Recording Truth: Filmmaker Deborah Scranton
Photo by John Hession
Nine generations - that's how long Deborah Scranton's family has lived in New Hampshire, all in the tiny town of Goshen. She left after college, as young people do, to pursue her life work in distant places. With a degree in semiotics (the study of how meaning is constructed and understood) in hand, she began a career in journalism, freelancing for ESPN, CBS Sports and other top media outlets. She covered world-class events like the Tour de France and the Winter Olympics.
In 2006 Scranton made her feature film directorial debut with the award-winning documentary, "The War Tapes." As a director, she pioneered a new approach to filmmaking, a "virtual embed" process where she gave video cameras to combat soldiers in Iraq and worked with them over the Internet so they could film their experiences themselves. It was remarkable enough to be short-listed for an Academy Award. Her latest work is "Earth Made of Glass," a political thriller set in post-genocide Rwanda and France. It premiered at the 2010 Tribeca Film Festival and this spring won a prestigious Peabody Award. Today she's once again living in Goshen.
As my parents, John and Lillian Scranton, tell it, since I was five years old I've always gone up to people and said, "Hi, my name is Deborah. Who are you?" Besides, the line for investment banking or law school was too long.
What is the role of story in societies?
A society expresses itself through its stories. Stories provide a structural framework through which to view ourselves and by extension our place in the world. Hopefully our self-identity then folds back into what we choose to do as part of our society.
Has technology made it easier to tell a story?
Not necessarily. Sitting around a campfire is still a pretty good way to do it.
Your work, so far, has focused on war. Why?
To record the truth, to document the struggles of humanity in the same intimate space that the film's subjects inhabit, and with this, to wake people up and stir them to action. And, as one New Hampshire soldier said before being deployed, "Please, don't let us die anonymous."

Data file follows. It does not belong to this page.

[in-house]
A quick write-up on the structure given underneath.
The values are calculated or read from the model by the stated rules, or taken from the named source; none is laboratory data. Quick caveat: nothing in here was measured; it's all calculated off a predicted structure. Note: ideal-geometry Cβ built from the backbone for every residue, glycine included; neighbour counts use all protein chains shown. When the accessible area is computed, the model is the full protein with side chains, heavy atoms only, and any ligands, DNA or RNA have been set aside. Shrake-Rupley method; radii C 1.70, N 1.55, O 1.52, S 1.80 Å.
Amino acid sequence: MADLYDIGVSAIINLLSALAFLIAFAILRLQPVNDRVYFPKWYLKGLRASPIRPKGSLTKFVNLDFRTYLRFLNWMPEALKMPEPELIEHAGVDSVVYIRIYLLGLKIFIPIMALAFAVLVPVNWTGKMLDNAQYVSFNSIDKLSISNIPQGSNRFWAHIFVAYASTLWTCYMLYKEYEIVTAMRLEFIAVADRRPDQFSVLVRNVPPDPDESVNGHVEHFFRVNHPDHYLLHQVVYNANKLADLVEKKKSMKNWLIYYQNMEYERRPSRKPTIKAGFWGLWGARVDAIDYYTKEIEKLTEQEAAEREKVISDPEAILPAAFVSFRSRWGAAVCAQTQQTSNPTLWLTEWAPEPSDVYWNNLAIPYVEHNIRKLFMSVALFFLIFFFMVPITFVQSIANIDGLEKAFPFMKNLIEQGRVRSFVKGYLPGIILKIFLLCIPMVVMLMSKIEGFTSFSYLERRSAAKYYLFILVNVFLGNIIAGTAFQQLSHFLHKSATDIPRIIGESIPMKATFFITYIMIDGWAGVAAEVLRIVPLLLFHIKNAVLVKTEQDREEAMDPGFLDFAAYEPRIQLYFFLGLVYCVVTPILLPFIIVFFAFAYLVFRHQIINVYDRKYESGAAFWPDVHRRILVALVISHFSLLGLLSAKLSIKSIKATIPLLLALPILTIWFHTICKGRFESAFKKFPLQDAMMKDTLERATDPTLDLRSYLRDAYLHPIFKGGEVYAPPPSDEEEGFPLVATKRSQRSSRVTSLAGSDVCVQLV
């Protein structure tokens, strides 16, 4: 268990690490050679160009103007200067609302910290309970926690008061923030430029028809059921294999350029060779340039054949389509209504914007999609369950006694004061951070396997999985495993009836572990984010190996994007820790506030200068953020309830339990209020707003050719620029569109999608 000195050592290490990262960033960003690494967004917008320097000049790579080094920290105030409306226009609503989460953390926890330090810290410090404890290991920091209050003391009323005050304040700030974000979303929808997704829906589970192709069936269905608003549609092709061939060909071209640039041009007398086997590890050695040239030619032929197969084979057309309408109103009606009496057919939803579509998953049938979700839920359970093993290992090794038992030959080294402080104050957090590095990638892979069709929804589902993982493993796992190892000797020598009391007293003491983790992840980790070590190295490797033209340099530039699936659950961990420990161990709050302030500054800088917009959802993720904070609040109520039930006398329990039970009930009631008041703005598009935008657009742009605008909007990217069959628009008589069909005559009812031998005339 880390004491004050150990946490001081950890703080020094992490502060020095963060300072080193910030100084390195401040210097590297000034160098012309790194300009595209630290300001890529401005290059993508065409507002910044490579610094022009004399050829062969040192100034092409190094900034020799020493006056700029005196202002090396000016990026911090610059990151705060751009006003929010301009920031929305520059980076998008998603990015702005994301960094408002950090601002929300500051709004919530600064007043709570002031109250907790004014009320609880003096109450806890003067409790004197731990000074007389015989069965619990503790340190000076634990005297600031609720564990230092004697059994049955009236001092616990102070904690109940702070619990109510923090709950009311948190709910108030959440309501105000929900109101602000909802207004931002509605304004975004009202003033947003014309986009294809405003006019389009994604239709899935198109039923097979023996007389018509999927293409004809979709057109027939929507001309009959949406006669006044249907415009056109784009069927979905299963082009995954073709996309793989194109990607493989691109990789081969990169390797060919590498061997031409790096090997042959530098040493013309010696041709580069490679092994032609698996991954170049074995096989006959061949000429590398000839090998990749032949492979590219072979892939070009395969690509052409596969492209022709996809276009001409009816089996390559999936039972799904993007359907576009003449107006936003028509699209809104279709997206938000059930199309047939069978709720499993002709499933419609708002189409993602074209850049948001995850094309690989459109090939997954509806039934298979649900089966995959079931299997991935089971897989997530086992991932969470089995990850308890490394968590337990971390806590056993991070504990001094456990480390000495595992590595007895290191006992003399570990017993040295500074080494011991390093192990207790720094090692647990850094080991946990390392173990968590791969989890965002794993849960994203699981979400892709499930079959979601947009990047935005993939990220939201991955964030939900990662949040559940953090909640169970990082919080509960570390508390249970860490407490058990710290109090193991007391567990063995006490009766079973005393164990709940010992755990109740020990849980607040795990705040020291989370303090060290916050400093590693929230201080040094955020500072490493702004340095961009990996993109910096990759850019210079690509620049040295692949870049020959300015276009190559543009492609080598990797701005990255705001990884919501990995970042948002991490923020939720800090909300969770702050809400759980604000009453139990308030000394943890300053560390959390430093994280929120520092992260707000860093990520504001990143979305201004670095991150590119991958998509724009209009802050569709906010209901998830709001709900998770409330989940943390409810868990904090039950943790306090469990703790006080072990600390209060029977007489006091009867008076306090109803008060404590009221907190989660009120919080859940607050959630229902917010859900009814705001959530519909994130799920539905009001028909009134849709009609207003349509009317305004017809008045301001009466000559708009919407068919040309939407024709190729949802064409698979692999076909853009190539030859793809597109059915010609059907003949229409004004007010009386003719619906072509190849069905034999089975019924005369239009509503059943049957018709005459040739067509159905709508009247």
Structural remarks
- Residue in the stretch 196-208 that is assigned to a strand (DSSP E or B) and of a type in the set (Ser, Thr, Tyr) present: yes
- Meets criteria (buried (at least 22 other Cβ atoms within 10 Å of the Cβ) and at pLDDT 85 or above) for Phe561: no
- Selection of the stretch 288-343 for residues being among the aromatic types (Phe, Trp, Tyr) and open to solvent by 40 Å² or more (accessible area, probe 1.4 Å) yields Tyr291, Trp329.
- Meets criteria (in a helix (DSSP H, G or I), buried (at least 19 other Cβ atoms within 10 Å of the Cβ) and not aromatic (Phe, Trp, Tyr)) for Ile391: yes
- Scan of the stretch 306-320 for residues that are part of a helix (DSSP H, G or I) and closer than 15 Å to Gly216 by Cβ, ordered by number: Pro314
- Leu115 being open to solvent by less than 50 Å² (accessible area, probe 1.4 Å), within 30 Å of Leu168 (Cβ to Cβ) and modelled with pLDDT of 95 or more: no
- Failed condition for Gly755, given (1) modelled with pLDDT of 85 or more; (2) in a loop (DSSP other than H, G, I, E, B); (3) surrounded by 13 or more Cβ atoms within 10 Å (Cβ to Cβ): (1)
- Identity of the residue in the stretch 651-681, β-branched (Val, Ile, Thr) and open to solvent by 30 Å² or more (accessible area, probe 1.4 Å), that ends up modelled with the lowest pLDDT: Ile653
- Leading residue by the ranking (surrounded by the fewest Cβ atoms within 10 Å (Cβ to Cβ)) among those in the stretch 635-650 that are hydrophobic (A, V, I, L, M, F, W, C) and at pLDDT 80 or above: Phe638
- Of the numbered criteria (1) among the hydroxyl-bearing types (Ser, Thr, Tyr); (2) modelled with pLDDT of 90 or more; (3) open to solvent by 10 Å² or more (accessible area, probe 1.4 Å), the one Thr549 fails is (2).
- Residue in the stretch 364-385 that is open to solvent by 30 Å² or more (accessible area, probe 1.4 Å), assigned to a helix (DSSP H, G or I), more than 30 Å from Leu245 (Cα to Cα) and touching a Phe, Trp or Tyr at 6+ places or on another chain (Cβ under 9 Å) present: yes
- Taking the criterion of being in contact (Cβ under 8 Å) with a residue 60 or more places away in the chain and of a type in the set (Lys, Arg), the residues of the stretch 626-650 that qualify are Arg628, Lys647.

You majored in semiotics in college. Does it (and is there a way to explain what it is in a simple way) inform your work?
Semiotics is defined as the study of the theory of meaning, how meaning is constructed and interpreted. Semiotics certainly helped justify why I deeply dislike narration.
True you pioneered the "virtual embed" used in "War Tapes"?
Yes, my inspiration was from having worked in television covering major sporting events with a multi-camera filming platform. A football game isn't covered with one camera, why should a war be?
Why is it better to tell the story, as you say, "from the inside out"?
Bearing witness to truth ripples outwards from the origin of the story, instead of having an agenda and finding interviewees to support an already decided didactic point of view. Which would you rather watch?
Why do you dislike narration?
I don't like someone telling me what to think. I prefer to come to my own conclusions. I assume others feel the same way.
What do you want people to take away from it?
"The truth will pass through the fire, but will not burn." - Rwandan proverb.
And, we should all pay more attention to the Rwandan re-trial happening in New Hampshire sometime this September.
Why did you stay away from using footage of the horrible violence we've all seen there?
That footage, shot by Nick Hughes, is just too horrific to comprehend. During the Rwandan genocide, one million people were killed in one hundred days - that's more than 10,000 per day. Imagine if 9/11 happened every single day for one hundred days in a country the size of New Hampshire. The only way to begin to tell the story is to put a human face on it.
Did you find you had misconceptions about Africa?
There is this general portrayal of Africa by the media that we often swallow every day. Africa as this primitive place, with warring tribes that endlessly needs our help. What we found while making "Earth Made of Glass" is very different.
What was the most amazing thing that happened in your travels?
To go to Africa and feel at home.
What was the biggest challenge?
Let's just say that my crew and I got to know the President of Rwanda's security team pretty well.
Were you ever afraid?
No, not really.
Why did you leave the big city for Goshen?
No local northern New Englander ever plans to stay away for good. We all come back. There's something in the well water that is like a homing device after you hit 40.
Your family has been in Goshen for a while...
Miss the city lights? Think you'll go back someday?
No, I prefer a dark sky and starlight. I go back regularly for meetings or to visit friends, but not to live there.
Your next project?
Looks like it's going to involve the illicit trade of rhino horn and ivory.
Why are you so passionate about what you do?
What is the right path a person should choose? I aim to have very faint fingerprints and let the story present a complex truth in a way that is engaging to viewers.
"If I am not for myself, then who will be for me? When I am for myself only, what am I? If not now, when?"